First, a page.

Example A – a residential service

  • This residential care service encourages both residents, families and staff to speak up to continually improve the home.  To promote residents’ self-esteem and confidence, the home finds ways of ensuring residents can live life to the full by helping them to things they want to.  For example, it will enable residents who like dogs to walk dogs, residents who like to help cook and make the tea to do so.  Staff support residents to feel valued, important and individual.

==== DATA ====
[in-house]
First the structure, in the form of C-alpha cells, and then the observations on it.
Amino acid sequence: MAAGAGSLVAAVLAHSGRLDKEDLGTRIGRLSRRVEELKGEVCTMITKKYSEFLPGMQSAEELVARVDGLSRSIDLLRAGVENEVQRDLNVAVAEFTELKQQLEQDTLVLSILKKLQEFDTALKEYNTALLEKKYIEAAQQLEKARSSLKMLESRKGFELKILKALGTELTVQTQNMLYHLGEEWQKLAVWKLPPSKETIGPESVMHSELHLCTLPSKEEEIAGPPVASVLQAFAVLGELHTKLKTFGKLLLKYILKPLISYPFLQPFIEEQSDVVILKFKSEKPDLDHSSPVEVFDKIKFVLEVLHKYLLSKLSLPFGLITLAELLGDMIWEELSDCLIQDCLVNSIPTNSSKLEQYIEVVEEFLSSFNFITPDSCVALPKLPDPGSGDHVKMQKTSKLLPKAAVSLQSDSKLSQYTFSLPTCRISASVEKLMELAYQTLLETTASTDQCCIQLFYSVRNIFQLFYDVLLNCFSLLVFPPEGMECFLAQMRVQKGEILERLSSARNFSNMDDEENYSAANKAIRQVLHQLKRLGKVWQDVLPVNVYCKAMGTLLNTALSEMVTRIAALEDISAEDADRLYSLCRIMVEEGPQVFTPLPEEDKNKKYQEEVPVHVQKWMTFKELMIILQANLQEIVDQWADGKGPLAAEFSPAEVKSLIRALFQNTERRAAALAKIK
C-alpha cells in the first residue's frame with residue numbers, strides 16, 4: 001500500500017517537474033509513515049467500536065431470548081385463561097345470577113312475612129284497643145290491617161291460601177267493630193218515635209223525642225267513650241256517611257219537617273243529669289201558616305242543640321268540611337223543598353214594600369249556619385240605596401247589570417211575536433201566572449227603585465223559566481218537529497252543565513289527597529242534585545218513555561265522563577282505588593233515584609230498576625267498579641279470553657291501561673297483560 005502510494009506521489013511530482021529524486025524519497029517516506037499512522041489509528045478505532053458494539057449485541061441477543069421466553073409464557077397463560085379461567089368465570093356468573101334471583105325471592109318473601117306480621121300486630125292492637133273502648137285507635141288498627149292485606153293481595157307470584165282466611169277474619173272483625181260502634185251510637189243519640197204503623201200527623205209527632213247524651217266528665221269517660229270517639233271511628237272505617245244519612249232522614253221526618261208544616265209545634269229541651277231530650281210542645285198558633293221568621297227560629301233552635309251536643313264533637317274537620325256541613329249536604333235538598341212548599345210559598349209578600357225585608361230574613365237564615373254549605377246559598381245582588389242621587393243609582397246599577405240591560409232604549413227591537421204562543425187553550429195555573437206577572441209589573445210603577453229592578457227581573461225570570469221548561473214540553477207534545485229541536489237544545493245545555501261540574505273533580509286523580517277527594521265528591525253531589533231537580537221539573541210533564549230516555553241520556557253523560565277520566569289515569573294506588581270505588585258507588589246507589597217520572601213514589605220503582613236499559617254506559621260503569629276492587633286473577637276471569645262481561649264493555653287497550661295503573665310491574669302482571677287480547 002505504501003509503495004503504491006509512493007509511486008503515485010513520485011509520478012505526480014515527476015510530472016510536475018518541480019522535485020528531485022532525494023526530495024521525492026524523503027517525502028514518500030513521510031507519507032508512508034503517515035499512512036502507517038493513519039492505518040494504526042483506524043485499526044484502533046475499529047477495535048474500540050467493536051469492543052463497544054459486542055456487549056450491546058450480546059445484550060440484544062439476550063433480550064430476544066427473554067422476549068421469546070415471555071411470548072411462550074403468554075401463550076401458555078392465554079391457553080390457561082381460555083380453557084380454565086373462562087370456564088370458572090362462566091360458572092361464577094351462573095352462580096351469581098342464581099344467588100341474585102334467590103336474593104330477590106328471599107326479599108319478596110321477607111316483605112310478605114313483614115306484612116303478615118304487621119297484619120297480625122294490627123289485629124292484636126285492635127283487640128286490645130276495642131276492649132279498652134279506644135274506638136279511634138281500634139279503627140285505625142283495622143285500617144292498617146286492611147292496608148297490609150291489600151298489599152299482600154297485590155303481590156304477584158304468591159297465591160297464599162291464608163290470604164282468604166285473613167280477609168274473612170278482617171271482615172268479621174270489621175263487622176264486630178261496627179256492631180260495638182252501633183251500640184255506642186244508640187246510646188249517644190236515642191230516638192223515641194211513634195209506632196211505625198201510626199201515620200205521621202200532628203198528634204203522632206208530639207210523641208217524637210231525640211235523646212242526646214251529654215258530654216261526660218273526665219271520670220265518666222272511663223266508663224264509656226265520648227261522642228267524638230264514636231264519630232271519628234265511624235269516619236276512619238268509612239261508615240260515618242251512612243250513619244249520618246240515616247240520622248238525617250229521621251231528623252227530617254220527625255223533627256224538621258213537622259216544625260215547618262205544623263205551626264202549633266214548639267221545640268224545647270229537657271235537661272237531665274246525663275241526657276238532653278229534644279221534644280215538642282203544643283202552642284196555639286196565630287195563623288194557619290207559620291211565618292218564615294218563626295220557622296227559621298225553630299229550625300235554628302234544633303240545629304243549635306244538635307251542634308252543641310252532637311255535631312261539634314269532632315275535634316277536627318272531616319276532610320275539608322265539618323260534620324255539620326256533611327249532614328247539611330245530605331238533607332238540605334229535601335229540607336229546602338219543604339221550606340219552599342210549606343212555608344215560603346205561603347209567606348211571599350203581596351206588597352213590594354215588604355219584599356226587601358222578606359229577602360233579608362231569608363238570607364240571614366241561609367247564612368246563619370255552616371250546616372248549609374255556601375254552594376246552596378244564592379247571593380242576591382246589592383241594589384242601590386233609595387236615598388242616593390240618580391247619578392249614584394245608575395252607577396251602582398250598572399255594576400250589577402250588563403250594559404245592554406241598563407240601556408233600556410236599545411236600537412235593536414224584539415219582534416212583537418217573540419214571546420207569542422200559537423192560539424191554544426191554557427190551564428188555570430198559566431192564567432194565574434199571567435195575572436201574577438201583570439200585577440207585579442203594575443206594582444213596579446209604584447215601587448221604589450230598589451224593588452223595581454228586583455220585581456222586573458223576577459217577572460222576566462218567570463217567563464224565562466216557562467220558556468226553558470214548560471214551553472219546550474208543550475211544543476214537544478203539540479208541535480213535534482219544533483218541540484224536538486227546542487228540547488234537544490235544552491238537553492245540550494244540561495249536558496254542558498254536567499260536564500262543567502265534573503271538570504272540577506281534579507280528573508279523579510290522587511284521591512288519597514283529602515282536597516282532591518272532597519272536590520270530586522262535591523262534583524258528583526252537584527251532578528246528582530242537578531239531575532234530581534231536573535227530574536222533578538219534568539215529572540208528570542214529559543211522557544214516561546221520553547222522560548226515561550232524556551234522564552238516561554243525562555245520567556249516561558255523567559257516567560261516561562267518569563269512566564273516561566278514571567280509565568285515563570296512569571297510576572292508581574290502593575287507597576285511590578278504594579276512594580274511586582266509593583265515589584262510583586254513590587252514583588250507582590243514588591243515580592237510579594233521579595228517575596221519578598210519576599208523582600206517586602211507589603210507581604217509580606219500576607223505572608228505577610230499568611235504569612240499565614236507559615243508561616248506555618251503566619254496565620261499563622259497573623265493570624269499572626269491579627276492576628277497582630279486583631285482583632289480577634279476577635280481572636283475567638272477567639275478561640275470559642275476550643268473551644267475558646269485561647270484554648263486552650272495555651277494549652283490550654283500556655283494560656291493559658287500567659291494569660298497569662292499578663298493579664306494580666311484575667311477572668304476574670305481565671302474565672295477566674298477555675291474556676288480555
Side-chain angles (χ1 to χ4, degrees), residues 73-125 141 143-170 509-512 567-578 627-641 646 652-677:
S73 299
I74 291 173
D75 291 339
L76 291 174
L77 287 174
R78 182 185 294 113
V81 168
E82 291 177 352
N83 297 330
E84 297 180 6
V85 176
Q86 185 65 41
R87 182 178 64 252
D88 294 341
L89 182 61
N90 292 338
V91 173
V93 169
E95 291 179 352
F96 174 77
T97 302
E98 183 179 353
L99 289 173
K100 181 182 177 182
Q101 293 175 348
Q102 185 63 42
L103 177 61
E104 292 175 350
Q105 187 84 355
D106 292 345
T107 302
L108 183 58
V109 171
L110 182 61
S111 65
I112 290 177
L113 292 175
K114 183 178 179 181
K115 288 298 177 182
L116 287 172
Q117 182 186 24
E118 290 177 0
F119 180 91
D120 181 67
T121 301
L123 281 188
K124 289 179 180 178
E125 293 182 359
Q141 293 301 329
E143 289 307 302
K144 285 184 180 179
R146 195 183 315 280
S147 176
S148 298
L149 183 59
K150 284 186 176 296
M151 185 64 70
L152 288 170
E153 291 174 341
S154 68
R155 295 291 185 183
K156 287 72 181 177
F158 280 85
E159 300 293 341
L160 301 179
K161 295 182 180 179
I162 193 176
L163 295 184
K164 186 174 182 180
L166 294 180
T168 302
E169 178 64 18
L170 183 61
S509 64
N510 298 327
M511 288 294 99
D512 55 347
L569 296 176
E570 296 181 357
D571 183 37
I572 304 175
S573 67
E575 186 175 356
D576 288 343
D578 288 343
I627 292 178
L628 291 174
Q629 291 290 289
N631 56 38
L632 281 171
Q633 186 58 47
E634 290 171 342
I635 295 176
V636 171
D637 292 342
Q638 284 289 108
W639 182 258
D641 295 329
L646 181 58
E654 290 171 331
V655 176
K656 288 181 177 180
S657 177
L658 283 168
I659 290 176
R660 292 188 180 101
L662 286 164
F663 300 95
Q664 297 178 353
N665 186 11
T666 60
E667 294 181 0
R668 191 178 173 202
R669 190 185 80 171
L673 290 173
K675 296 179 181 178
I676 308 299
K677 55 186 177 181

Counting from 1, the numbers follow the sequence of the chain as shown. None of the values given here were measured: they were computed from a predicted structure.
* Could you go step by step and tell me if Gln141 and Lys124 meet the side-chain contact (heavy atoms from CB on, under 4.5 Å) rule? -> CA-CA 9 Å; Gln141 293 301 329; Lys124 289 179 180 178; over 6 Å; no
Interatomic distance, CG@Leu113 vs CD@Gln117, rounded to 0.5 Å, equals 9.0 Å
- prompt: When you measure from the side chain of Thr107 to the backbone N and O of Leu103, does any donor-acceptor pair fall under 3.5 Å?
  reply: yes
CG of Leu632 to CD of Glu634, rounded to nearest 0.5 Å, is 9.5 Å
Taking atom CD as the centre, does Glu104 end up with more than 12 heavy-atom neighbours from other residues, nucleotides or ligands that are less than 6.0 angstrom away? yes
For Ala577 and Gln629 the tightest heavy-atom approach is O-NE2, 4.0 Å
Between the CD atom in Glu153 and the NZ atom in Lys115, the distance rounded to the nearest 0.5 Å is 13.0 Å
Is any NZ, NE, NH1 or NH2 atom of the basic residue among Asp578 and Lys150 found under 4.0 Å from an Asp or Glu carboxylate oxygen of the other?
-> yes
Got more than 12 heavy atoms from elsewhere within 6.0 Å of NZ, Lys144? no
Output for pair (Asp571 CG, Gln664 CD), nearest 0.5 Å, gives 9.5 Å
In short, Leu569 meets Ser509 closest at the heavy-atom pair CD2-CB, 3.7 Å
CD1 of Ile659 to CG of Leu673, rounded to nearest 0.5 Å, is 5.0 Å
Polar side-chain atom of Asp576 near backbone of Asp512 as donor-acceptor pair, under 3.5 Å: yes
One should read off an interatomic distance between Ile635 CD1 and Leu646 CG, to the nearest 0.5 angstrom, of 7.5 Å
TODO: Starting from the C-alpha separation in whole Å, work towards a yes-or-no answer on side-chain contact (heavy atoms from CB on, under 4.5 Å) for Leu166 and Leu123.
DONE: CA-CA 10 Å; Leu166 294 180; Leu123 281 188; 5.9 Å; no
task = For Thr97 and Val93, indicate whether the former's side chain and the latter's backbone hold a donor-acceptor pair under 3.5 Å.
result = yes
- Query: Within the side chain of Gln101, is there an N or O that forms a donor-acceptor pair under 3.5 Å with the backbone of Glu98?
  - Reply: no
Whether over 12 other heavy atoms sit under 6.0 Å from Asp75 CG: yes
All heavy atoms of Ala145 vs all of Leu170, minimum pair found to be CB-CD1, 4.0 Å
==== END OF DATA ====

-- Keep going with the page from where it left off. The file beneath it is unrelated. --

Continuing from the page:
• Care planning was very much centred around the wishes of the individual and provided responses that were geared to the needs of the individual.   Safeguarding people was seen as fundamental and staff, families and service users were encouraged to speak up if they felt something was not right.  This enables an ongoing dialogue about how things can be developed and improved, both for the organisation as a whole and for individuals.  The service works hard not to be risk adverse, managing the risks that are associated with service user choice in ways that are facilitative rather than restrictive.  So for example someone who enjoys a walk into town, but had cognitive impairment, was enabled to do so, by ensuring that the local community were able to contact the service should the person need support. Comments and complaints from residents are seen as ways in which the service can be developed, staff are encouraged to listen carefully to what is being said, and responses are open and include action plans for the future.  Personal space is recognised as a right with staff providing support to service users to ensure that is respected and that dignity is paramount especially where a cognitive impairment might make that difficult for an individual. There was a good use of questionnaires, alongside care plan reviews, to ensure meaningful engagement and response to service user wishes. Care plans have a section on communication to ensure that staff are aware of how to ensure that service users are actively engaged in making decisions and choices about their lives. The aim of the service is to give their service users “a life they never believed they could have”.